Traffic camera bill 'trash-canned' in Alabama

| Friday, March 18, 2005

An effort in the Alabama House to allow police to install cameras at traffic lights to catch those running red lights may be dead.

The House Public Safety Committee delayed action on the bill March 9 and instead opted to ship the measure off to a subcommittee. Referral to a subcommittee usually means a bill is tabled for the session, the Montgomery Advertiser reported.

“It just got trash-canned,” Rep. David Grimes, R-Montgomery, said after his bill – HB428 – was rerouted.

The decision by panel chairman Rep. Thad McClammy, D-Montgomery, followed a public hearing. During that hearing, it didn’t take long for members to express concerns about how the cameras might affect the privacy of innocent people in vehicles.

During the playing of a short video produced by the city of Tuscaloosa in support of the bill, a title flashed across the screen that read: “This is not a revenue source.” According to the Advertiser, that drew audible laughter.

Later, Rep. Albert Hall, D-Gurley, questioned supporters of the bill about why they wouldn’t allow revenue from the tickets to be turned over to the state General Fund budget instead of going for municipal use if cities were truly interested in photo enforcement of red lights only as a safety measure.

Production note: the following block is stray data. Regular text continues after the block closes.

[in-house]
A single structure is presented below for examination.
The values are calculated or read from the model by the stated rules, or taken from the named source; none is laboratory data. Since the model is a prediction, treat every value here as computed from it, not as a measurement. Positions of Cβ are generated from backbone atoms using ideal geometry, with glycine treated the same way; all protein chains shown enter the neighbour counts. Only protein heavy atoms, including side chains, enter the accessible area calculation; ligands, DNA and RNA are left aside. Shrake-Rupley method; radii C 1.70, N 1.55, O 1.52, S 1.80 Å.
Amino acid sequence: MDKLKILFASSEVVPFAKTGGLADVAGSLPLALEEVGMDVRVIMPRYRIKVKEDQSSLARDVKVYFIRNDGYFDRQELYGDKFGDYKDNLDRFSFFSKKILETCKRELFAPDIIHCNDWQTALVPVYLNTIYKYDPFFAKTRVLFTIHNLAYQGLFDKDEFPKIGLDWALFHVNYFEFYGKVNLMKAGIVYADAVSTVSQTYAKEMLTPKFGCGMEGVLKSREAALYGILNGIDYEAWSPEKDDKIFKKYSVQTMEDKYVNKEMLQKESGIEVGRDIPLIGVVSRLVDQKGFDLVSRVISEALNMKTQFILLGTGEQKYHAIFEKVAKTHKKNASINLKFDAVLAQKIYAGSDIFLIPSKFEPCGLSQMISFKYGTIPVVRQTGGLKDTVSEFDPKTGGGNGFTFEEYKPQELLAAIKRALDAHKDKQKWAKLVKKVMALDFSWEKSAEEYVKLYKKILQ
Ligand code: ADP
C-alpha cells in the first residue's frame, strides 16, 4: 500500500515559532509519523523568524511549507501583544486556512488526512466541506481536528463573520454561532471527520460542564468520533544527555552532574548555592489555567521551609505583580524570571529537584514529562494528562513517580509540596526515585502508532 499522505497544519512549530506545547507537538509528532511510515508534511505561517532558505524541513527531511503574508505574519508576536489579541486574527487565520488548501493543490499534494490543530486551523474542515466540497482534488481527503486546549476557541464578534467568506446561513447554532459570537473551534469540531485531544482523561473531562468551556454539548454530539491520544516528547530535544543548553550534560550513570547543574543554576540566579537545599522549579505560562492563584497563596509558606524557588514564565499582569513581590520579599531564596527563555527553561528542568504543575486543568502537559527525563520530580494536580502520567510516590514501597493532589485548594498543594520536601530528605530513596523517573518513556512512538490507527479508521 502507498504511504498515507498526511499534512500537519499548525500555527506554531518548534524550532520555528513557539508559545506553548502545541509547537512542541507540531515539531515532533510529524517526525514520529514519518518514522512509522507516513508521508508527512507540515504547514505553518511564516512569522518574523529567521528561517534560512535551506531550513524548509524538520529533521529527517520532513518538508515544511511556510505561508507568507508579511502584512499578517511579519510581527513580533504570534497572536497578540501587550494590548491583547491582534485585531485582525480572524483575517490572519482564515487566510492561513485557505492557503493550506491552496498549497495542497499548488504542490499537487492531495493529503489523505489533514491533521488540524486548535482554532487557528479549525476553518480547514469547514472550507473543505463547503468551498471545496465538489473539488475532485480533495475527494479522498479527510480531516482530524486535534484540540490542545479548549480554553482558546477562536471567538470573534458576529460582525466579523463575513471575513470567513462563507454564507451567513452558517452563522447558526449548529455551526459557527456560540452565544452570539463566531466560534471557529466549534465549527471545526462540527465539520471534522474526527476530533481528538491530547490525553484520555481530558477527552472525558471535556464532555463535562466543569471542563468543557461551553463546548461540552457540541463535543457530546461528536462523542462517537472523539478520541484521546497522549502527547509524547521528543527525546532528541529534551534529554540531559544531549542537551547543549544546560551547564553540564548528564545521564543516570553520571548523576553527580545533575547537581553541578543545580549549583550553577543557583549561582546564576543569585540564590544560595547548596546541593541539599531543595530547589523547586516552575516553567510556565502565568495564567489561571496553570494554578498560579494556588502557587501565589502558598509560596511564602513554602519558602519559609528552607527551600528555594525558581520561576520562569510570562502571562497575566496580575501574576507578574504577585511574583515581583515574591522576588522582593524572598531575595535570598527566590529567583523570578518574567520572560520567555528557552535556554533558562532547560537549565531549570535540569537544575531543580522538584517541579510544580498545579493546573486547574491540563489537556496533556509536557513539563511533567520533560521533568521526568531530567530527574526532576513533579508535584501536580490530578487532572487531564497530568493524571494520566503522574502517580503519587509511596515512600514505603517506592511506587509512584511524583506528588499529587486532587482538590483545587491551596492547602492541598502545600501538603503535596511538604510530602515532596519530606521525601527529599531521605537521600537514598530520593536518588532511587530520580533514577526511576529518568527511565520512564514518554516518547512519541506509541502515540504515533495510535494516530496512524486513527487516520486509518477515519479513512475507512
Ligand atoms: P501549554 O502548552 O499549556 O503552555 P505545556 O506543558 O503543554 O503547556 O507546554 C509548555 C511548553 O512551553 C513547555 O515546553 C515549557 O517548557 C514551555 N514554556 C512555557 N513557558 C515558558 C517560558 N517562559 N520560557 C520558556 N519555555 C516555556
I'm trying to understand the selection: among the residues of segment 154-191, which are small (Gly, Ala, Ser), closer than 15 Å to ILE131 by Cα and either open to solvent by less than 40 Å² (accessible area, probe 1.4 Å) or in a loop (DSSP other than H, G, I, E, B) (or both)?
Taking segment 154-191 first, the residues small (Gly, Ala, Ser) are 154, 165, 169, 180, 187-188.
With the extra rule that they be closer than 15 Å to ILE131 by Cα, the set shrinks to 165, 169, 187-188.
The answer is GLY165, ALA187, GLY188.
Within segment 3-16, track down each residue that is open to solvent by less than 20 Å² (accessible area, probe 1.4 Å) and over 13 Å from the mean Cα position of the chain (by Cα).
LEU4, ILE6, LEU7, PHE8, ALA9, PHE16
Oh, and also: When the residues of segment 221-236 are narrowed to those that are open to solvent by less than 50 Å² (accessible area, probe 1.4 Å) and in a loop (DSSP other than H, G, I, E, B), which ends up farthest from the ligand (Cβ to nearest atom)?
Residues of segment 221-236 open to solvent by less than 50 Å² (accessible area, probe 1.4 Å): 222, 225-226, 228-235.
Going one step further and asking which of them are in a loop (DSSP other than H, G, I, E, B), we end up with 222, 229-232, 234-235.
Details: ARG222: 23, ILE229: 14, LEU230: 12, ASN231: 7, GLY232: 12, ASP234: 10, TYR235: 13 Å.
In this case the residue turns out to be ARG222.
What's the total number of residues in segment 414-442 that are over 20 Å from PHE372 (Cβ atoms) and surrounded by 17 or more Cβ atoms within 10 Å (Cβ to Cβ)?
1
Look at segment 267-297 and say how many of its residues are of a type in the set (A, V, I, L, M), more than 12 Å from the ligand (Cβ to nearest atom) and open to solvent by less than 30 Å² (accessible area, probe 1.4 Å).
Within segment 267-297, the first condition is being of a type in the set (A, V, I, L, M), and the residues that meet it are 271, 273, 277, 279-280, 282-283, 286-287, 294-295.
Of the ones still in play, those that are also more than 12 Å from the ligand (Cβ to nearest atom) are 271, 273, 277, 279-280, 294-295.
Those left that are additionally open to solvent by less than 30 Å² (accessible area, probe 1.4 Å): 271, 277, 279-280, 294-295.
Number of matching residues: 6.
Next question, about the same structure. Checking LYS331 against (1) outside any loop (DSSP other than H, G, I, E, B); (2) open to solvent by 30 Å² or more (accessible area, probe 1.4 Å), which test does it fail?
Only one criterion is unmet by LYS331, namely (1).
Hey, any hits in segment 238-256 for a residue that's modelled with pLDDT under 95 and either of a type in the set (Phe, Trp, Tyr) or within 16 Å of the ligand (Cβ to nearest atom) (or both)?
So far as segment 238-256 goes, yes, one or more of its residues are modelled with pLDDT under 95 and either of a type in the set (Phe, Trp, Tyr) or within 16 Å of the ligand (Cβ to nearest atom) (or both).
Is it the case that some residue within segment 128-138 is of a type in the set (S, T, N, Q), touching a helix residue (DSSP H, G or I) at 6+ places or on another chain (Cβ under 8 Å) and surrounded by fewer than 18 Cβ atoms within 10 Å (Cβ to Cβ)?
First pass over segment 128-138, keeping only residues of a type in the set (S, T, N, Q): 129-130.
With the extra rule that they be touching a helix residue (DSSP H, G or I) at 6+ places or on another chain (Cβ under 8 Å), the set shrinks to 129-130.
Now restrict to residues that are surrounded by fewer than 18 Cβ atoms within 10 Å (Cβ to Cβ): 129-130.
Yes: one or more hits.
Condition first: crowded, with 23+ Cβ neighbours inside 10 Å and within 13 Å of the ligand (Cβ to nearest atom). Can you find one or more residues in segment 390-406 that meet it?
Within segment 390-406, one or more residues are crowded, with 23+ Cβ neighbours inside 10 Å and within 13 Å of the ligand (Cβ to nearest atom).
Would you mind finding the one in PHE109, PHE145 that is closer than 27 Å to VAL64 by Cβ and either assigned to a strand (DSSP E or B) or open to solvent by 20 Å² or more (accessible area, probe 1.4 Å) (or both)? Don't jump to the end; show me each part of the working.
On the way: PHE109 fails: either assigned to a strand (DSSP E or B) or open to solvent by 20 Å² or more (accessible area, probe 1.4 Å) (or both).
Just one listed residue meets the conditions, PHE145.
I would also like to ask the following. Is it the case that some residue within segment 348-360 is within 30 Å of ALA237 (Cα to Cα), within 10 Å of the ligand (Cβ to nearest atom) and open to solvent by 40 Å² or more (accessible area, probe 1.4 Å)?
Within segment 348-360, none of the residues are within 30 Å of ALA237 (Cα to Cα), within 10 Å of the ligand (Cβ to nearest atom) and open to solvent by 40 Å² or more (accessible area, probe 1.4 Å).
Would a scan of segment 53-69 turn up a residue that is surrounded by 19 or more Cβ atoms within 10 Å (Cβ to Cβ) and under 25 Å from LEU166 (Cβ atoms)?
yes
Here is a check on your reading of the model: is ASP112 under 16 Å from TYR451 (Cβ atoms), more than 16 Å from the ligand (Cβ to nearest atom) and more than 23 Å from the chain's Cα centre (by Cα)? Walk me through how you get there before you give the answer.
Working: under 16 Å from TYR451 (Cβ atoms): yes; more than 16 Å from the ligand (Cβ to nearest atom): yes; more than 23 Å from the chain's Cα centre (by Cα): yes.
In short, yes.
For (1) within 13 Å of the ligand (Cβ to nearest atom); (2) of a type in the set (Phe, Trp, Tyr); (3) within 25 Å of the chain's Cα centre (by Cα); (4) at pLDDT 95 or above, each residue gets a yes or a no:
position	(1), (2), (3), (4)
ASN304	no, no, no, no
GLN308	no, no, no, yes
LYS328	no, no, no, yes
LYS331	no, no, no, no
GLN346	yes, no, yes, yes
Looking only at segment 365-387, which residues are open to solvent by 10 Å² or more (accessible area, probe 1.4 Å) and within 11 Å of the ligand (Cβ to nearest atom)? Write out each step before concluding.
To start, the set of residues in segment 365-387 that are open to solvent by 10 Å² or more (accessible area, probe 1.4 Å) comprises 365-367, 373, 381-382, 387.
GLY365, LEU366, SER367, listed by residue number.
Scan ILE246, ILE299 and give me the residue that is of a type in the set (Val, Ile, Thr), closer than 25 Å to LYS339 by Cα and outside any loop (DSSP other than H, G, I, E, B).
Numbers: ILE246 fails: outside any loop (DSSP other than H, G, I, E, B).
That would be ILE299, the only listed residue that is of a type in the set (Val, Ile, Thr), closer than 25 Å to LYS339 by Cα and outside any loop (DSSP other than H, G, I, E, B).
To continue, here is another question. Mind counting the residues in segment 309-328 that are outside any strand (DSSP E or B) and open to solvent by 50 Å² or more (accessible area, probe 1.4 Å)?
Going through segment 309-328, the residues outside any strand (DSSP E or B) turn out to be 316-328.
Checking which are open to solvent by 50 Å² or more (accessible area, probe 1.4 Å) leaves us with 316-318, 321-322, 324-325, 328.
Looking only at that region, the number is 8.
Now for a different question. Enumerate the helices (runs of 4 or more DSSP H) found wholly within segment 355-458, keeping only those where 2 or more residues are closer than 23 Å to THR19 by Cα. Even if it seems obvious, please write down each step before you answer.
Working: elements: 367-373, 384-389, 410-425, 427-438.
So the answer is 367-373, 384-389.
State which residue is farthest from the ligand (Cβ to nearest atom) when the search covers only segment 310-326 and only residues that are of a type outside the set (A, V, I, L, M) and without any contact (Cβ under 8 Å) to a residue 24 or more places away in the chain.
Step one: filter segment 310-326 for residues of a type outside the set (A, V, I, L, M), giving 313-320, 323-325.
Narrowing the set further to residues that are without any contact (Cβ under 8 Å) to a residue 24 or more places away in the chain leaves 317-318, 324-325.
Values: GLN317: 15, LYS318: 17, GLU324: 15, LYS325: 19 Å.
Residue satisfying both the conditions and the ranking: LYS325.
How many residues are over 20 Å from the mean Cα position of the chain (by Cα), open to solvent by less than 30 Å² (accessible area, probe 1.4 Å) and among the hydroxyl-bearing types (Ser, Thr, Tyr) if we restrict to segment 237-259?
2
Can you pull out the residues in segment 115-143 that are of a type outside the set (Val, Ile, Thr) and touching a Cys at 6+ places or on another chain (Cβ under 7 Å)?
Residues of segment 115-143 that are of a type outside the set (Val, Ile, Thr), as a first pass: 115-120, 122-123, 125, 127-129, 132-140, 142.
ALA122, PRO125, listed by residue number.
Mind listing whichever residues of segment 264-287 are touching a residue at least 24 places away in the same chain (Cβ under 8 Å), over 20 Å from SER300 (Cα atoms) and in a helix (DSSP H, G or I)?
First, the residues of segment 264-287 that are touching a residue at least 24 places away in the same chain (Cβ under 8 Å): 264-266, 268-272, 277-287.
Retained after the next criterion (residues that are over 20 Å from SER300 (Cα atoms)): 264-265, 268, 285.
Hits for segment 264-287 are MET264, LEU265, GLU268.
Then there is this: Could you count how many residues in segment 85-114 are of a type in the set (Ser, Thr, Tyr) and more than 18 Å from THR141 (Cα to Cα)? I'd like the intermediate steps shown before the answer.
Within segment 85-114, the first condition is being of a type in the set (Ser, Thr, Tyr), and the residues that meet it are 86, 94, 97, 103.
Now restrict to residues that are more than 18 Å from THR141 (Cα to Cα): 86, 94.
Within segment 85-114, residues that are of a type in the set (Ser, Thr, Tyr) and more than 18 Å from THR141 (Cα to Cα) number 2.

Grimes told the committee the maximum fine in the bill had been reduced from $250 to $100 to ease concern that the measure is a moneymaker for municipalities.

Other late amendments to the bill, distributed during the hearing, included exempting owners of stolen vehicles from paying fines if their vehicles were used to run a red light; using yellow light intervals that meet times outlined in the National Highway Traffic Safety Administration handbook; and posting signs alerting drivers to the cameras use at affected intersections.

McClammy said later those last-minute add-ons were part of the reason a vote on the bill got delayed.

Hall said his subcommittee would consider the bill and return it to the full committee before the end of the session in May.

Grimes says he now plans to work to help pass a similar bill – SB200 – pending in the Senate.

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